The Trump administration’s response to COVID-19 is exactly as dysfunctional as you’d think:
The economy was grinding to a halt. Stocks were in free fall. Schools were closing. Public events were being canceled. New cases of the novel coronavirus were popping up across the country.
And then, on Wednesday, the day the World Health Organization designated the coronavirus a pandemic, Jared Kushner joined the tumult.
President Trump’s son-in-law and senior adviser — who has zero expertise in infectious diseases and little experience marshaling the full bureaucracy behind a cause — saw the administration floundering and inserted himself at the helm, believing he could break the logjam of internal dysfunction.
Kushner rushed to help write Trump’s widely panned Oval Office address to the nation. His supermodel sister-in-law’s father, Kurt Kloss, an emergency room doctor, crowdsourced suggestions from his Facebook network to pass along to Kushner. And Kushner pressed tech executives to help build a testing website and retail executives to help create mobile testing sites — but the projects were only half-baked when Trump revealed them Friday in the White House Rose Garden.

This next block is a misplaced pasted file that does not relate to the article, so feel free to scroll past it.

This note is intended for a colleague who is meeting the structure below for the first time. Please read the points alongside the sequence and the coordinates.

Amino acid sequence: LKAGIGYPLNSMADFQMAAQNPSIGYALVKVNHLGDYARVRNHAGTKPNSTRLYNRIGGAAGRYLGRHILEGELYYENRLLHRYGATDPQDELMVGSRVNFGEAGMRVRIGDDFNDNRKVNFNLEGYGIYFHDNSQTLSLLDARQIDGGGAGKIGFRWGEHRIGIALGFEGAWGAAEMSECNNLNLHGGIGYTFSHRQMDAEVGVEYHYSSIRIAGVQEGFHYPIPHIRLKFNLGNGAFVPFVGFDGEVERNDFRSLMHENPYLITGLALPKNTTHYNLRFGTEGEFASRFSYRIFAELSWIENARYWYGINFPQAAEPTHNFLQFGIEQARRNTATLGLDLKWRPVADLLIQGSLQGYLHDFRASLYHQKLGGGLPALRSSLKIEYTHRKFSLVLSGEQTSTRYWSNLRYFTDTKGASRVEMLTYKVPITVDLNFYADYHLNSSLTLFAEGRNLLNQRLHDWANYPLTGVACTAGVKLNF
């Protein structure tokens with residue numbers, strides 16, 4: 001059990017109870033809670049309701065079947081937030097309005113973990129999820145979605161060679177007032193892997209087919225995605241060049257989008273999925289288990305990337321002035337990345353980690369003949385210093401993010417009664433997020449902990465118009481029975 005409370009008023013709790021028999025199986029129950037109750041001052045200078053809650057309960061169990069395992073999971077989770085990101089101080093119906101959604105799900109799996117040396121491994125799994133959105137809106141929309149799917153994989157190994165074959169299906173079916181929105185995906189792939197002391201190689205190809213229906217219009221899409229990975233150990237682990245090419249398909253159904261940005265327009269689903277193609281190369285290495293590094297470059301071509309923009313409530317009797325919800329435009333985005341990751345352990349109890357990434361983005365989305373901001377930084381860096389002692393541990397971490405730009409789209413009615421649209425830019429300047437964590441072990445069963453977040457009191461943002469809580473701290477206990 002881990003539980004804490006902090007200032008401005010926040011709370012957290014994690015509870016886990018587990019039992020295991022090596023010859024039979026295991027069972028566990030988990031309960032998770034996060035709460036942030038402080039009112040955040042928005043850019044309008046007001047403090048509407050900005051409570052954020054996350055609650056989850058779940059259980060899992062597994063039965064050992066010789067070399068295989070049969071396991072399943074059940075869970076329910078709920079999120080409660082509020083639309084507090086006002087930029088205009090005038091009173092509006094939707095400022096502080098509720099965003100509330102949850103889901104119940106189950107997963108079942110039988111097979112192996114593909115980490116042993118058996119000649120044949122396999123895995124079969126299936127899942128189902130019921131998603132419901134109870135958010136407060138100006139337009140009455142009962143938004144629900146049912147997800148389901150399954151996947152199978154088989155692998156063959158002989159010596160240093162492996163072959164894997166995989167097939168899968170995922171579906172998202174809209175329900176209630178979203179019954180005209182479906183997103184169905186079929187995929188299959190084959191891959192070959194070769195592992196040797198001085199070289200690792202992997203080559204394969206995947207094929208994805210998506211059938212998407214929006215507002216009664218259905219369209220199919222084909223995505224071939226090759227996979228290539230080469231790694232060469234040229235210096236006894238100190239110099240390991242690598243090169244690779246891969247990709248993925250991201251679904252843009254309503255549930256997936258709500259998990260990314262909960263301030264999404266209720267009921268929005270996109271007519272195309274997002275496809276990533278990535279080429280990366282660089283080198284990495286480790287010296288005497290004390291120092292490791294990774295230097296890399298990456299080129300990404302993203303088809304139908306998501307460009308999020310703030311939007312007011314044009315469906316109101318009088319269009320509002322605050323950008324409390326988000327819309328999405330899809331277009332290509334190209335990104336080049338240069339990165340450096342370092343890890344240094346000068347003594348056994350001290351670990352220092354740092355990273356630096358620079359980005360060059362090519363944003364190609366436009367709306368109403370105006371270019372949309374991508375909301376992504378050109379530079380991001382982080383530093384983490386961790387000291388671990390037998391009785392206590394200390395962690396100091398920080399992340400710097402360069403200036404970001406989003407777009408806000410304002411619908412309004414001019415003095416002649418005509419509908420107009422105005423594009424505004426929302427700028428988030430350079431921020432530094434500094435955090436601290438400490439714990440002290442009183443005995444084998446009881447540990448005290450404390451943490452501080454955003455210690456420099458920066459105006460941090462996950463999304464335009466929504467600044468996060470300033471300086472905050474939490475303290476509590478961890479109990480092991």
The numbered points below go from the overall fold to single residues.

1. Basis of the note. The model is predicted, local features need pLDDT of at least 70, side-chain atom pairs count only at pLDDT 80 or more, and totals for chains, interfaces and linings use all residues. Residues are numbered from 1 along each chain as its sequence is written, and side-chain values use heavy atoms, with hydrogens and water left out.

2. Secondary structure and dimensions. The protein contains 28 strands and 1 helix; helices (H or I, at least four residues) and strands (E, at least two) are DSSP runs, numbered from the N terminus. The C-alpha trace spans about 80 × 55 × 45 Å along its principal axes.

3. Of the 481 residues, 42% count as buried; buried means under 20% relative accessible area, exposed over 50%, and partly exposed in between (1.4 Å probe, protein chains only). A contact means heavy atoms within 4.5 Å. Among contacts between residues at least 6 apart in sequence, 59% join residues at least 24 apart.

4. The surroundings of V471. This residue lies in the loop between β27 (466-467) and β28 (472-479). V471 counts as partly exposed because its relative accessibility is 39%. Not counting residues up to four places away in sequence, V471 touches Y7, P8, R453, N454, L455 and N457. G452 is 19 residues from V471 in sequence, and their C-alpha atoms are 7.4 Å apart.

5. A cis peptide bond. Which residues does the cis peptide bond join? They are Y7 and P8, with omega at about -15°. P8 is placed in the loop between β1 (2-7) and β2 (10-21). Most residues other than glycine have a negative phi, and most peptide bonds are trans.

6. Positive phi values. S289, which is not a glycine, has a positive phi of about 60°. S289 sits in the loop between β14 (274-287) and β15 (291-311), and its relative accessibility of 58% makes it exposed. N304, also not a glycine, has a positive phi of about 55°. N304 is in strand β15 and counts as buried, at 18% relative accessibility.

Kushner entered into a crisis management process that, despite the triumphant and self-congratulatory tone of public briefings, was as haphazard and helter-skelter as the chaotic early days of Trump’s presidency — turning into something of a family-and-friends pandemic response operation.
The administration’s struggle to mitigate the coronavirus outbreak has been marked by infighting and blame-shifting, misinformation and missteps, and a slow recognition of the danger. Warring factions have wrestled for control internally and for approval from a president who has been preoccupied with the beating his image is taking.
Trump is literally breaking the CDC rulebook for how to communicate during a pandemic.
Meanwhile, to add to Erik’s point below, let’s note that Senate Republicans are no better:
It’s Saturday morning. There is a bill that will provide relief for people with COVID 19 that the House passed and the POTUS will sign. But Leader McConnell has us out of session from Thursday evening until Monday evening. Time is of the essence. Let’s get this done now.— Brian Schatz (@brianschatz) March 14, 2020
To review, in a situation in which every day legislation is delayed means more sick and dead people, McConnell is delaying the passing of legislation Republicans have agreed to, contrary to the political self-interest of his own party, solely because he can. But, sure, Nancy Pelosi could totally have gotten him to agree to full paid sick leave if she had just shown him footage of LBJ taking a piss or something.
It’s unfortunate that being sociopaths gives you bargaining leverage. But there’s nothing Nancy Pelosi can do to stop Senate Republicans from being sociopaths, which is presumably why every progressive member of Congress supported the deal she made.